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Tuesday, 04 July 2017

Few African countries ratify tripartite FTA

A paltry eight African have so far ratified the Tripartite Free Trade Area (TFTA) more than two years after it was launched in Egypt, raising fears of a failed continental effort to create an expanded trade barrier free market. On 10 June 2015 African leaders launched and signed the TFTA during a summit in the resort town of Sharma El Sheikh. Countries that signed the TFTA included Angola, Burundi, Comoros, Democratic Republic of Congo, Djibouti, Egypt, Kenya, Malawi, Namibia, Rwanda, Seychelles, Sudan, Tanzania, Uganda and Swaziland while Zimbabwe and Zambia signed a week later. The TFTA is espoused to enhance the harmonisation of infrastructure programmes and the development of common programmes for industrial and economic development among the 26 countries in Southern African Development Community (SADC), Common Market for Eastern and Southern Africa (Comesa) and the East African Community (EAC). It is further projected to provide a broader market for over 650 million people with an anticipated Gross Domestic Product of over US$1.3 trillion per annum. The agreement, it was agreed by member states, would only come into effect once two-thirds of members ratified the agreement. However, despite various countries appending their signatures to the agreement, there has been lukewarm responses towards ratifying, with Egypt, Rwanda, Seychel les, South Africa and South Sudan the only countries that have ratified. Comesa’s secretary general Sindiso Ngwenya confirmed in an interview last week that only eight countries have ratified the TFTA while several were still undertaking formalities with respective authorities before ratifying.“Yes, only eight have ratified the TFTA agreement and we are yet to receive the confirmation from other countries,” he said. Zambia and Malawi, among others are yet to append their signatures. Rwanda, Seychelles, South Africa and South Sudan are among other countries that have already ratified the TFTA, according to data.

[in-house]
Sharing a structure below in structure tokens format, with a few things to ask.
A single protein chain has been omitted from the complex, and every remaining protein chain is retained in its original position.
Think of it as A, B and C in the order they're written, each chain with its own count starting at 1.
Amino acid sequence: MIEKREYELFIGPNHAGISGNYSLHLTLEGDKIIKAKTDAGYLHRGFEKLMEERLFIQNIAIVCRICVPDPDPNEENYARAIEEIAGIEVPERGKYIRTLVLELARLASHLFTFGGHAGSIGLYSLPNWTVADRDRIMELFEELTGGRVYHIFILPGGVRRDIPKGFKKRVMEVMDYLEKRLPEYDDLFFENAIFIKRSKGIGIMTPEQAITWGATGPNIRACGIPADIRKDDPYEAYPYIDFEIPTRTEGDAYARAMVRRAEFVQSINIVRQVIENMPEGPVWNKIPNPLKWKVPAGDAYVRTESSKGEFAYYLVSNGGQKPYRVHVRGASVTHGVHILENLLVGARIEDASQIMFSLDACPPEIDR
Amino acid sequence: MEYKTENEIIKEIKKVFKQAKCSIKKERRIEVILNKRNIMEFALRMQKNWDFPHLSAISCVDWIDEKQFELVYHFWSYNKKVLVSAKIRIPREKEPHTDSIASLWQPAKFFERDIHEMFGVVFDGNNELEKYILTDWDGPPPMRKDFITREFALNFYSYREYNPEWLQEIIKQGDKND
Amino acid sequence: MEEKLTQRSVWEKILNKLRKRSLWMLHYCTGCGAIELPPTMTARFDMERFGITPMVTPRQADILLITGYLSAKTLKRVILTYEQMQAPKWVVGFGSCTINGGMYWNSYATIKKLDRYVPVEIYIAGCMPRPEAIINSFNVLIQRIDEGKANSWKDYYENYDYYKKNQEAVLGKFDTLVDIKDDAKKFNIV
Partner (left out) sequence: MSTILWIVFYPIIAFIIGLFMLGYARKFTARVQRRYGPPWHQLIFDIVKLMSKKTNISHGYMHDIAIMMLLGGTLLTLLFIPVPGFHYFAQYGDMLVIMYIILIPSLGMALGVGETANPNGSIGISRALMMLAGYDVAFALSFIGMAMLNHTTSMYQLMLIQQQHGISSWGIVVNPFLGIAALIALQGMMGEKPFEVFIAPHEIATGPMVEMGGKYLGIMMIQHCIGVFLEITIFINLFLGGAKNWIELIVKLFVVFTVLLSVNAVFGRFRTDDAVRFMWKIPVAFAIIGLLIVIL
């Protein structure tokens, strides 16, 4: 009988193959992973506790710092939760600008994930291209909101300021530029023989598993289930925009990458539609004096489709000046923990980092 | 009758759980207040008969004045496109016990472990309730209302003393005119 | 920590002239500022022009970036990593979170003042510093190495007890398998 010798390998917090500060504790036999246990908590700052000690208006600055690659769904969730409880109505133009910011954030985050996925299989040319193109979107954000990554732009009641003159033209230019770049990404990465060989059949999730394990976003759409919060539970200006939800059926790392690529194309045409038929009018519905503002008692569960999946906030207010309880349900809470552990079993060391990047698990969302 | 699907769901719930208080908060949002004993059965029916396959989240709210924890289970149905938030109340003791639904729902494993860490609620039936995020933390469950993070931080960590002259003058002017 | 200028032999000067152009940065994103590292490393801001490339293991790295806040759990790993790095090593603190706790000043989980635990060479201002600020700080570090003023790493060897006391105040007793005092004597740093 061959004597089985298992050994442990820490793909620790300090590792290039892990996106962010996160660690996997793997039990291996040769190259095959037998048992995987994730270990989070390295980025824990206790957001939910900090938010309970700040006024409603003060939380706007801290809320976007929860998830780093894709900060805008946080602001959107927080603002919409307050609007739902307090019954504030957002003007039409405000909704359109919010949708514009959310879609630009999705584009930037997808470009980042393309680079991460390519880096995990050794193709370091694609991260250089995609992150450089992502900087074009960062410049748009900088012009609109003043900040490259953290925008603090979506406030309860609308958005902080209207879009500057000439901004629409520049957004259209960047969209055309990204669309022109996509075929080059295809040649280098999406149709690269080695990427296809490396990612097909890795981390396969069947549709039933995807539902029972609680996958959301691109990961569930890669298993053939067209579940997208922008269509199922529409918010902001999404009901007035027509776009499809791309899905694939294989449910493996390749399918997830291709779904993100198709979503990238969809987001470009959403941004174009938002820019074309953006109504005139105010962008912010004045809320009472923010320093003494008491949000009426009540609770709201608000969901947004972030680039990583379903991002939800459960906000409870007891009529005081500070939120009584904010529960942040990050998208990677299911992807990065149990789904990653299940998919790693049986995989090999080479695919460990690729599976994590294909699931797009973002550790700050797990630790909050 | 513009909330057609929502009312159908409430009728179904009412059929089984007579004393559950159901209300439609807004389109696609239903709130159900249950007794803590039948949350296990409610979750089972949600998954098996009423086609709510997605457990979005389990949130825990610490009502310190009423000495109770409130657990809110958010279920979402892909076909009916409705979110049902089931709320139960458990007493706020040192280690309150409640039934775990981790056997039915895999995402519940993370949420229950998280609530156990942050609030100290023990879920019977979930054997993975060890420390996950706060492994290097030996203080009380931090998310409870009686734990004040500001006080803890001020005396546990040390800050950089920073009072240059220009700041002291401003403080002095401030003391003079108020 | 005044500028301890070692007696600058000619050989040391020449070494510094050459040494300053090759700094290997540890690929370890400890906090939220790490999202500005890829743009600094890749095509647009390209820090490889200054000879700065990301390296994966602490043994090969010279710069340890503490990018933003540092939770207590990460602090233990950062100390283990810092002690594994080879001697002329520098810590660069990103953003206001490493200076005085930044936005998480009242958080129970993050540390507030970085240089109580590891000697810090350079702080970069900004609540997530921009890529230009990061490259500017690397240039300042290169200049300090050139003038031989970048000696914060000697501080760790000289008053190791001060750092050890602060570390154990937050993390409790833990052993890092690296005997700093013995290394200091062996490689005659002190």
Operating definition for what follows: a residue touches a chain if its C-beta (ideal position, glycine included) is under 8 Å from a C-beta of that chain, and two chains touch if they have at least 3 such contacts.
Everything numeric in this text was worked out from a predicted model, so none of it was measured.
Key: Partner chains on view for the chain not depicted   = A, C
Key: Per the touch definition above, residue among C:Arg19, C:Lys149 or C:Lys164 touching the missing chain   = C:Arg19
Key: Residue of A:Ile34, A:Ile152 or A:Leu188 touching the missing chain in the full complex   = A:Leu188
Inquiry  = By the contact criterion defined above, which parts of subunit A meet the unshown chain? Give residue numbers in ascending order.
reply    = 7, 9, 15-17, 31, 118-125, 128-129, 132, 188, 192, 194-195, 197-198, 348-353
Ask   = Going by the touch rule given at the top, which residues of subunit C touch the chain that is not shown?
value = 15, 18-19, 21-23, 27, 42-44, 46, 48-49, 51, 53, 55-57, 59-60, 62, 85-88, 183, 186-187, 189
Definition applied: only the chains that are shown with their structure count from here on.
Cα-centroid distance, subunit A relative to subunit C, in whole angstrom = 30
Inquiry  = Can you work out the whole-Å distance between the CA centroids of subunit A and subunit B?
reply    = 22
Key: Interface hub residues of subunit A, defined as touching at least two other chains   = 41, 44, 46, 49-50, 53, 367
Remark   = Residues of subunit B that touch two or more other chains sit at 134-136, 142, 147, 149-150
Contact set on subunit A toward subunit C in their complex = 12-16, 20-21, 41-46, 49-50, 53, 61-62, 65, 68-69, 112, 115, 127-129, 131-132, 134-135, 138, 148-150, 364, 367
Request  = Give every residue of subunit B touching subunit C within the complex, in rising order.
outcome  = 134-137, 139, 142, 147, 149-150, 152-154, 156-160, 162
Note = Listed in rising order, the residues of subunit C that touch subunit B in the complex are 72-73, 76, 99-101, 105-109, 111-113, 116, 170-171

Source: The Southern Times